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103 minutes of Eastern drek

Film review: GERRY

“A triumph!” “Provocative!” “Visually spectacular!” “One of the year’s 10 best!” (best what is not specified) were the blurbs on the back of this film I got from the library. The exclamation points alone should have tipped me off that this was going to be outrageously bad, and famously Bostonian Matt Damon and Casey Affleck should have been ashamed to have had anything to do with this crap. Shame on them that they shared writing credits with director Gus Van Sant. I’m guessing the three of them were driving out to Wendover one July with beers in their laps, looked around and thought, “Wow! A guy could get pretty lost out here!” and then somebody started writing stuff down, and voila, this drek.

Plot: Uncommunicative Eastern idiots, apparently in good enough shape to survive without water for several days, get lost and make lots of bad decisions (like hiking away from wood and water sources onto salt flats) in an unnamed hostile Western wilderness

Film title: Gerry (supposedly after the pet name they each they call each other, but that wasn’t too clear)

Theme: Eastern US men’s idiocy

Setting: A nameless western wilderness that includes Elko, Nevada, and the gorgeous wastes of Death Valley and Bonneville flats, Utah.

Genre: Hikers being incredibly stupid noir (and I’m being generous with the noir part)

After a lot of sitting silently in a car, Damon and Affleck inexplicably start hiking a trail marked “Wilderness Trail.” Why the BLM or a state or national park or wilderness area would post that generic title on some trail which probably had a perfectly good actual name I can’t say. They might have had maybe a bottle of water when they started, but otherwise no backpack and maybe one sweatshirt between them. I could have watched this disaster a second time to catch more details, but I didn’t want to writhe in twisted agony a second time.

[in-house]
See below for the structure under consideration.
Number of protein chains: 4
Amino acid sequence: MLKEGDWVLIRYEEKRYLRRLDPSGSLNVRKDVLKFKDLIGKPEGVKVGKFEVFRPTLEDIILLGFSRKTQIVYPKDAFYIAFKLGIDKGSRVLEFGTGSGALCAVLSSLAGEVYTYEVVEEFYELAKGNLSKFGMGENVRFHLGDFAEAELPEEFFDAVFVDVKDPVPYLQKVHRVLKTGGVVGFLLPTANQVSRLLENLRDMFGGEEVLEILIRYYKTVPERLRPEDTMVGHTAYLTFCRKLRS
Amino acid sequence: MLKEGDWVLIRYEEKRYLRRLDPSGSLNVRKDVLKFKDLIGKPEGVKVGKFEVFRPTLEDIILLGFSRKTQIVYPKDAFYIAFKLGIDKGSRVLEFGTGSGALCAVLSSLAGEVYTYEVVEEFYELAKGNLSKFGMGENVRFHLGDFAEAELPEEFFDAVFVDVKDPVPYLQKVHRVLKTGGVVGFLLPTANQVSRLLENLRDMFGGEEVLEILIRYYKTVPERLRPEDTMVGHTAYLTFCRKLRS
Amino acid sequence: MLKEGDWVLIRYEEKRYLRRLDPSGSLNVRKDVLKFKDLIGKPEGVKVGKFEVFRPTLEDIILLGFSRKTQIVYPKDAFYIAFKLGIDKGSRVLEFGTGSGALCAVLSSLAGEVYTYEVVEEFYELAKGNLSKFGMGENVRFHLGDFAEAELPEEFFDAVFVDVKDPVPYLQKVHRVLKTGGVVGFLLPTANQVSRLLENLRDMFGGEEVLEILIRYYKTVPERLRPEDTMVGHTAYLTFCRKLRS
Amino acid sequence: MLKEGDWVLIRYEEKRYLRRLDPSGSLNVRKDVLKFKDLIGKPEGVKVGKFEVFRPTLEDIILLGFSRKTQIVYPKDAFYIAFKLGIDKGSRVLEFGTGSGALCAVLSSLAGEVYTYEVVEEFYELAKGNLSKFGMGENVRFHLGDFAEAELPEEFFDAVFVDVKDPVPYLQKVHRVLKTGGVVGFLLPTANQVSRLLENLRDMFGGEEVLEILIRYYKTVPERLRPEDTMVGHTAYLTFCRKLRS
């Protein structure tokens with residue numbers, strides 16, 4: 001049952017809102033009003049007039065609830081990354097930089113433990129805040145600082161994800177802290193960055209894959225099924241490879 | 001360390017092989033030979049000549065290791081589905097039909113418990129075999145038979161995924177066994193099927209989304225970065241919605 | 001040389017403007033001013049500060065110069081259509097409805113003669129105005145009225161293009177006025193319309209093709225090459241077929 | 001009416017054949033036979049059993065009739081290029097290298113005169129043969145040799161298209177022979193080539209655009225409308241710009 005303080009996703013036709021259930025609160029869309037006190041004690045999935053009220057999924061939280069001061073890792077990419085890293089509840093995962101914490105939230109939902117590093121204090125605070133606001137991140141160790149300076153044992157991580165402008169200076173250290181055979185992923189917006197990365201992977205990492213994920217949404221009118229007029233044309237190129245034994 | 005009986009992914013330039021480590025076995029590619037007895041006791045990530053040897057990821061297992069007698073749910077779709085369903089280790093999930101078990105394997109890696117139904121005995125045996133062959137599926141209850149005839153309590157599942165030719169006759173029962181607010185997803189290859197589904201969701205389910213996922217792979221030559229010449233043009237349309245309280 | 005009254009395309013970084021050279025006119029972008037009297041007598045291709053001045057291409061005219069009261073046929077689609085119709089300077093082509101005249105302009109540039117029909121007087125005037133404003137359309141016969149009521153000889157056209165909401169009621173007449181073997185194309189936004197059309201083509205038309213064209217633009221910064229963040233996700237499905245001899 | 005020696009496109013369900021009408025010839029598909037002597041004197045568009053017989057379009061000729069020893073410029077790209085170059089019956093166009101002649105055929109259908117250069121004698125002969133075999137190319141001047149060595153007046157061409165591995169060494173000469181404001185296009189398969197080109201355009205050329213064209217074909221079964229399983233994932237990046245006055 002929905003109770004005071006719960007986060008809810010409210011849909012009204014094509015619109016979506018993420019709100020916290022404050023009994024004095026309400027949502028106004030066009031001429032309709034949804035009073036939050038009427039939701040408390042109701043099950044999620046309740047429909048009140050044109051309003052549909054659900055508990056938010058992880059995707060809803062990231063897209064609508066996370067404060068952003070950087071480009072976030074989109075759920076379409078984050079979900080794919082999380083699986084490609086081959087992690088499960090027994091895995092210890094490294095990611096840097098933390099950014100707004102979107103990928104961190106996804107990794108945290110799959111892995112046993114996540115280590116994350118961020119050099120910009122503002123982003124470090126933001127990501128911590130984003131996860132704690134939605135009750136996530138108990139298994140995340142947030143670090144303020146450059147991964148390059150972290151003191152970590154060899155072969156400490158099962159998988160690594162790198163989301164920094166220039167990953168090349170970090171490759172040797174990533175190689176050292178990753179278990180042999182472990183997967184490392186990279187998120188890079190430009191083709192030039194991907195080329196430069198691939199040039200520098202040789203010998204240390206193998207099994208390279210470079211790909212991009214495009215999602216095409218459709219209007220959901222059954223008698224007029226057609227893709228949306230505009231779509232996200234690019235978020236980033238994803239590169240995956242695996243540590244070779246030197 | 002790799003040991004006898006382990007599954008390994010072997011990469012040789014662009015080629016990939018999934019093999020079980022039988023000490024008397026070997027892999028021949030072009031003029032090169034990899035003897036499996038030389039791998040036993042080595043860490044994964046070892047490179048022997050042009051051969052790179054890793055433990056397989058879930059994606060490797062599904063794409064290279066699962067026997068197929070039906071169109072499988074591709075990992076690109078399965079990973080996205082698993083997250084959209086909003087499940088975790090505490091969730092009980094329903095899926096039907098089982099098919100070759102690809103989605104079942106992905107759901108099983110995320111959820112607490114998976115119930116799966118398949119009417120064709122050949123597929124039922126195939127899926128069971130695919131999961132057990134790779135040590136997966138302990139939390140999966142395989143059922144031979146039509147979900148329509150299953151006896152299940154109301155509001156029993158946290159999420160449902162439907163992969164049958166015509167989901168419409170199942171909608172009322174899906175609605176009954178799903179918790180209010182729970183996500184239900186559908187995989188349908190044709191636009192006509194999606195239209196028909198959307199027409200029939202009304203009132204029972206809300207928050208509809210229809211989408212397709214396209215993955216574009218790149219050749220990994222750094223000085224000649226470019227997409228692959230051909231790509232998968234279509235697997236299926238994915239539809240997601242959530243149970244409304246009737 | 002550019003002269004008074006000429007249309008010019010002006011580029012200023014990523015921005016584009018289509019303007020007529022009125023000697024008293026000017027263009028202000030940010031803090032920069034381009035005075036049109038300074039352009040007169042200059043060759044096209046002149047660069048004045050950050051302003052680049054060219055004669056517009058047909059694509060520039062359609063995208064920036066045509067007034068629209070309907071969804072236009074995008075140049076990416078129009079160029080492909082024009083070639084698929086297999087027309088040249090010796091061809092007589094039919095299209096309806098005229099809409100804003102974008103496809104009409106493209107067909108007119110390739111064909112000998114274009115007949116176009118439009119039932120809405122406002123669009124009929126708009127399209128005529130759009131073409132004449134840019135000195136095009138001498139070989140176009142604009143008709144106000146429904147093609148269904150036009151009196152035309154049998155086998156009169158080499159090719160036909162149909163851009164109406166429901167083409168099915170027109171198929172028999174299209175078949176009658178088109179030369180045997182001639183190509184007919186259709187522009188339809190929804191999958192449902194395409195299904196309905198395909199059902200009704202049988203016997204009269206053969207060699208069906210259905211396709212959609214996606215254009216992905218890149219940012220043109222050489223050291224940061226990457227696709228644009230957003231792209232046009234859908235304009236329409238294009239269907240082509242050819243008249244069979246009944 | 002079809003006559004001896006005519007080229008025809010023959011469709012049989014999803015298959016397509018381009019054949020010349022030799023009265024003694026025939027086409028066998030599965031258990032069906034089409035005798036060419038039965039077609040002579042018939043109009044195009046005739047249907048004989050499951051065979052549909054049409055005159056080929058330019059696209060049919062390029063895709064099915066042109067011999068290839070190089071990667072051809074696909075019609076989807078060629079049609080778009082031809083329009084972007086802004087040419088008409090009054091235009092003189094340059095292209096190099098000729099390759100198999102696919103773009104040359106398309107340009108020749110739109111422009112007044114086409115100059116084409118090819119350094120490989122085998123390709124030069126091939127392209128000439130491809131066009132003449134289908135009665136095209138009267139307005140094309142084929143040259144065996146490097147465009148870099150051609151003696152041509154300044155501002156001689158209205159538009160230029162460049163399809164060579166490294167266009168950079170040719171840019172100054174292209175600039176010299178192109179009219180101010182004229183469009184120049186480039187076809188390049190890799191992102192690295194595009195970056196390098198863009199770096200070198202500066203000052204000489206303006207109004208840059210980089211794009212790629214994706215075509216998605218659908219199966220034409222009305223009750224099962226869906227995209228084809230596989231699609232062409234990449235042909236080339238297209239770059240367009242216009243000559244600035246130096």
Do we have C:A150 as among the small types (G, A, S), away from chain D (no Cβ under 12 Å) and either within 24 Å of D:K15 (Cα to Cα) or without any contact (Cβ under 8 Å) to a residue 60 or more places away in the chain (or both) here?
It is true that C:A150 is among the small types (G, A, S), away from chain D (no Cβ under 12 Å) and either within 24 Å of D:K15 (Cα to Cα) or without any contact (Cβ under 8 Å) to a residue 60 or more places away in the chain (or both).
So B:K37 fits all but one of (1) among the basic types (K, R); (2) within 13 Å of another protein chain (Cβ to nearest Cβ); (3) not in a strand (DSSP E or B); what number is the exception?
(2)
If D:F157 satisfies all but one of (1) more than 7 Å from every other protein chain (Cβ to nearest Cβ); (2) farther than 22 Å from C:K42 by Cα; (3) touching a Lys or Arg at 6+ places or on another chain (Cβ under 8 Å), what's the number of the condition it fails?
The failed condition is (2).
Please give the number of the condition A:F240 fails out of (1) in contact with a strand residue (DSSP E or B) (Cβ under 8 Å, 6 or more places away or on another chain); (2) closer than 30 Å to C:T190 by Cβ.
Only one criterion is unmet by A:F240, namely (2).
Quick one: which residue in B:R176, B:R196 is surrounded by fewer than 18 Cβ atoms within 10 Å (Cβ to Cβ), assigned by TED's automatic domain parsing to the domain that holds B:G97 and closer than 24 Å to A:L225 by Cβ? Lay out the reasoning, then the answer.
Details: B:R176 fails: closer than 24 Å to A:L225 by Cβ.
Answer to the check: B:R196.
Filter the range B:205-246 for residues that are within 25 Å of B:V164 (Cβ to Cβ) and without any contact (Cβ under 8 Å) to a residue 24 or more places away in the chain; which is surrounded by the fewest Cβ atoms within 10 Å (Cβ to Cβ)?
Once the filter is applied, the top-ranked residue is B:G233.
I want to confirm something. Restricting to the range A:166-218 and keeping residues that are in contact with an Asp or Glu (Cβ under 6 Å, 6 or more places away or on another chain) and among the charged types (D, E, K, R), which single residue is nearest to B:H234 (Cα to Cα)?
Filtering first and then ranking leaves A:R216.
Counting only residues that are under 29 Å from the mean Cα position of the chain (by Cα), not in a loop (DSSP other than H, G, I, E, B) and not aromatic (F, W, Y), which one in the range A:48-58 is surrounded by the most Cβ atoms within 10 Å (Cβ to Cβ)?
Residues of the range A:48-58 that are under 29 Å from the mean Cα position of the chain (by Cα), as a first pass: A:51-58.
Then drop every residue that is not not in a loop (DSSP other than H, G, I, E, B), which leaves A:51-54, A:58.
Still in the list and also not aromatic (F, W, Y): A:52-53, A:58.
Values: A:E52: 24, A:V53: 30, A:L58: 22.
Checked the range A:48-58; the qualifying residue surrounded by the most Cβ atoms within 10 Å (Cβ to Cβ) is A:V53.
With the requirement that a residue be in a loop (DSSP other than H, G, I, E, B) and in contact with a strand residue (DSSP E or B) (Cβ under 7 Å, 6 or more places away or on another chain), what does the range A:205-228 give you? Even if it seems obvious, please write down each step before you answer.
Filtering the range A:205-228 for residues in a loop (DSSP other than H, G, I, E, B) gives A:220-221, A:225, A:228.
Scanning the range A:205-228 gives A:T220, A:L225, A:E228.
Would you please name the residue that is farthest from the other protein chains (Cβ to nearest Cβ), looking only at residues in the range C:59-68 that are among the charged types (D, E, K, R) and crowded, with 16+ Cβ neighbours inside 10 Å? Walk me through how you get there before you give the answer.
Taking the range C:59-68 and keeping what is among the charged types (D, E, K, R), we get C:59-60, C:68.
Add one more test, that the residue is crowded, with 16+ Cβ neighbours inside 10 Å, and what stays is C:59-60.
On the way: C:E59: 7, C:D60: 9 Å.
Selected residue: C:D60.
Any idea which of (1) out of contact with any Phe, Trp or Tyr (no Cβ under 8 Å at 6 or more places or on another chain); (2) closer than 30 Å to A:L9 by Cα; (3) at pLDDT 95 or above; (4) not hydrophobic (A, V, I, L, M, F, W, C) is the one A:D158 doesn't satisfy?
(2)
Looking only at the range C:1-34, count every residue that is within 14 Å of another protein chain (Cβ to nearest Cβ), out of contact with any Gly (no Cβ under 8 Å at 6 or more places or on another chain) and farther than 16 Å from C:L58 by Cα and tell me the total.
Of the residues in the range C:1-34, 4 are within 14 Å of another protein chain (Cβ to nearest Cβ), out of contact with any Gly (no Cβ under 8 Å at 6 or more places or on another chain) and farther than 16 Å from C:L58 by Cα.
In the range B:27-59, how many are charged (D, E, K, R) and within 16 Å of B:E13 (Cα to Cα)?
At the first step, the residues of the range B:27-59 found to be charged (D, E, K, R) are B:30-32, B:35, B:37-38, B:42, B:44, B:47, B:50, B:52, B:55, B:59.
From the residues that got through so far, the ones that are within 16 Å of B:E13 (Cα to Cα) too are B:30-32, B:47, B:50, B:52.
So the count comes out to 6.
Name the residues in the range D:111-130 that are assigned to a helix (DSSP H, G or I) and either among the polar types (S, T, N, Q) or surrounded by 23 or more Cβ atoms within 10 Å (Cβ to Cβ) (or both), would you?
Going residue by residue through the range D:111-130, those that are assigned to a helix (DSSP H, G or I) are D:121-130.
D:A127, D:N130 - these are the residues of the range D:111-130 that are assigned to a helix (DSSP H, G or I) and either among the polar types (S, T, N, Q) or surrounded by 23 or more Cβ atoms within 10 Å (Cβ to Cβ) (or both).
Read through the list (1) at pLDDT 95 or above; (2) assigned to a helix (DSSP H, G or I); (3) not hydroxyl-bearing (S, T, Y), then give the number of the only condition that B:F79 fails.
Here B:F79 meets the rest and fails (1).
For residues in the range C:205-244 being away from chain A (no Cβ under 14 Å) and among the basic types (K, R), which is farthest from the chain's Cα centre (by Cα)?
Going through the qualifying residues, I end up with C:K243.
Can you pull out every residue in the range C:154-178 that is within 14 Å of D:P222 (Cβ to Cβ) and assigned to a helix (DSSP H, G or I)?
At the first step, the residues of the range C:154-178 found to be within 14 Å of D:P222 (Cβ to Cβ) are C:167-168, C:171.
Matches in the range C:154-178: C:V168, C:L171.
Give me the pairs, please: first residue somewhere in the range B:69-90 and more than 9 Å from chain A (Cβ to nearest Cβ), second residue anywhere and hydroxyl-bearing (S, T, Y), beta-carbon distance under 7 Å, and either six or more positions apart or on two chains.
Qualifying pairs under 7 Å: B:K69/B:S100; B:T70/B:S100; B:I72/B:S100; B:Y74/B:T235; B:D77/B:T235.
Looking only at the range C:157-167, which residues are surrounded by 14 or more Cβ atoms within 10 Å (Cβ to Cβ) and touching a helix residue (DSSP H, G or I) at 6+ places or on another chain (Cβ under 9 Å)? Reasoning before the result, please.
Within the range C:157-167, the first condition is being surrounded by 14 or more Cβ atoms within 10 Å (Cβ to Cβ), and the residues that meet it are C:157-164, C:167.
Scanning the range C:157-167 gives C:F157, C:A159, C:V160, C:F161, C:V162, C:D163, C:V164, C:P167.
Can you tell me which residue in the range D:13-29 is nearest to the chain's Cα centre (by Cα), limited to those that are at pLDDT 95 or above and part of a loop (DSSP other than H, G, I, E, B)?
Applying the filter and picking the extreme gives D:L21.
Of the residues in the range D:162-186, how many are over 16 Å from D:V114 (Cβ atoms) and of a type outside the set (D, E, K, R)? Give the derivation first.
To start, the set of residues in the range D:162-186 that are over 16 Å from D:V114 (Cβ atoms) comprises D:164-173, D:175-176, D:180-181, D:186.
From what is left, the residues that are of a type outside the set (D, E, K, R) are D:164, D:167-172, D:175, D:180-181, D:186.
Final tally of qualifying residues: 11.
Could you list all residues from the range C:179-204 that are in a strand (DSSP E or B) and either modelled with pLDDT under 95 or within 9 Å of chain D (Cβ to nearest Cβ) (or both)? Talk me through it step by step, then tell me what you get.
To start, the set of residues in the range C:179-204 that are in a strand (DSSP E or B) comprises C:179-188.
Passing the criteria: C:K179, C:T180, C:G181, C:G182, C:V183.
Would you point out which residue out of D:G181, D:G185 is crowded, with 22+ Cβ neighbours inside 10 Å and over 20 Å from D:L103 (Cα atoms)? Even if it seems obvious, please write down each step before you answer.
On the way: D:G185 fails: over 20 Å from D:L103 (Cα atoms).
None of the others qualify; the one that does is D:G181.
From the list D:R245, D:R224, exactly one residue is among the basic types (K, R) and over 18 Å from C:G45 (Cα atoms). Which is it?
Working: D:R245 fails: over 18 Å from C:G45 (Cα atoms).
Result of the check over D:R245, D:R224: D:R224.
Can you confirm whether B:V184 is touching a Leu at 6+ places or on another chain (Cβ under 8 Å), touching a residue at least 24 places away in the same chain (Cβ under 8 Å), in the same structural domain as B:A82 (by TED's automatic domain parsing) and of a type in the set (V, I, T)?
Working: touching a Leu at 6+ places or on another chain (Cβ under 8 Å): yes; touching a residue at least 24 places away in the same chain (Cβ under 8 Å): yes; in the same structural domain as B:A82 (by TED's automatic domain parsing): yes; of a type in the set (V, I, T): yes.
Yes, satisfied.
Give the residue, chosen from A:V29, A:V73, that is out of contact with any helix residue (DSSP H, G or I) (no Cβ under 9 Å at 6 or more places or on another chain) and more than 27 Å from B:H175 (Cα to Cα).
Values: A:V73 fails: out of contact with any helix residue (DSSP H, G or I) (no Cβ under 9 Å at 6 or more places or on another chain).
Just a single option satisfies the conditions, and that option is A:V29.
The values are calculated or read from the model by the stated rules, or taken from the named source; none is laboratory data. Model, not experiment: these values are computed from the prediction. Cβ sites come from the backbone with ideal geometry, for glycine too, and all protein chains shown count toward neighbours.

I wondered if this was Van Sandt’s first trip beyond New Jersey or wherever he’s from. I promised myself I wouldn’t Google him or look at any information about Gerry before writing this.

After walking through high desert scrub (maybe the Elko, Nevada, part) and then leaping to Death Valley barrenness (I recognized those dried popcorny mud hills immediately), and then venturing out onto our iconic Bonneville Salt Flats, these two Eastern ignoramuses realize they’re pretty, well, lost. Why they left the areas where they could get lots of dry wood I don’t know. I kept waiting for a Blair Witch-kind of scene going nuts with each other when they realize how screwed they are, but no. How they knew how to build a fire I don’t know. Maybe that’s hardwired into even an Easterner. Maybe they’d been Boy Scouts. Not great Boy Scouts, but. Why they walked out onto barren land when they were already dying of thirst I also don’t know. Why nobody was looking for them after finding their car parked at the trailhead . . . well, you get the dismal cinematic picture.

The end has a Brokeback Mountainy kind of scene where I guess Matt Damon was choking his friend to death rather than dying together on the salt flats. Damon then walks away from Affleck’s body, sees I-80, gets picked up by a guy and his son in an SUV, and sits expressionless in lots of sunburn makeup till the end credits. That’s when I saw that the scrub brush hiking must have been near Elko.

I end this pan with the words written on the film case by the three men’s agents or maybe their girlfriends, “. . . this uncommonly compelling and starkly visualized film is a must-see motion picture that has earned the overwhelming praise of critics nationwide!” Again with the exclamation point. I’d never felt like more of a Westerner looking down my nose.

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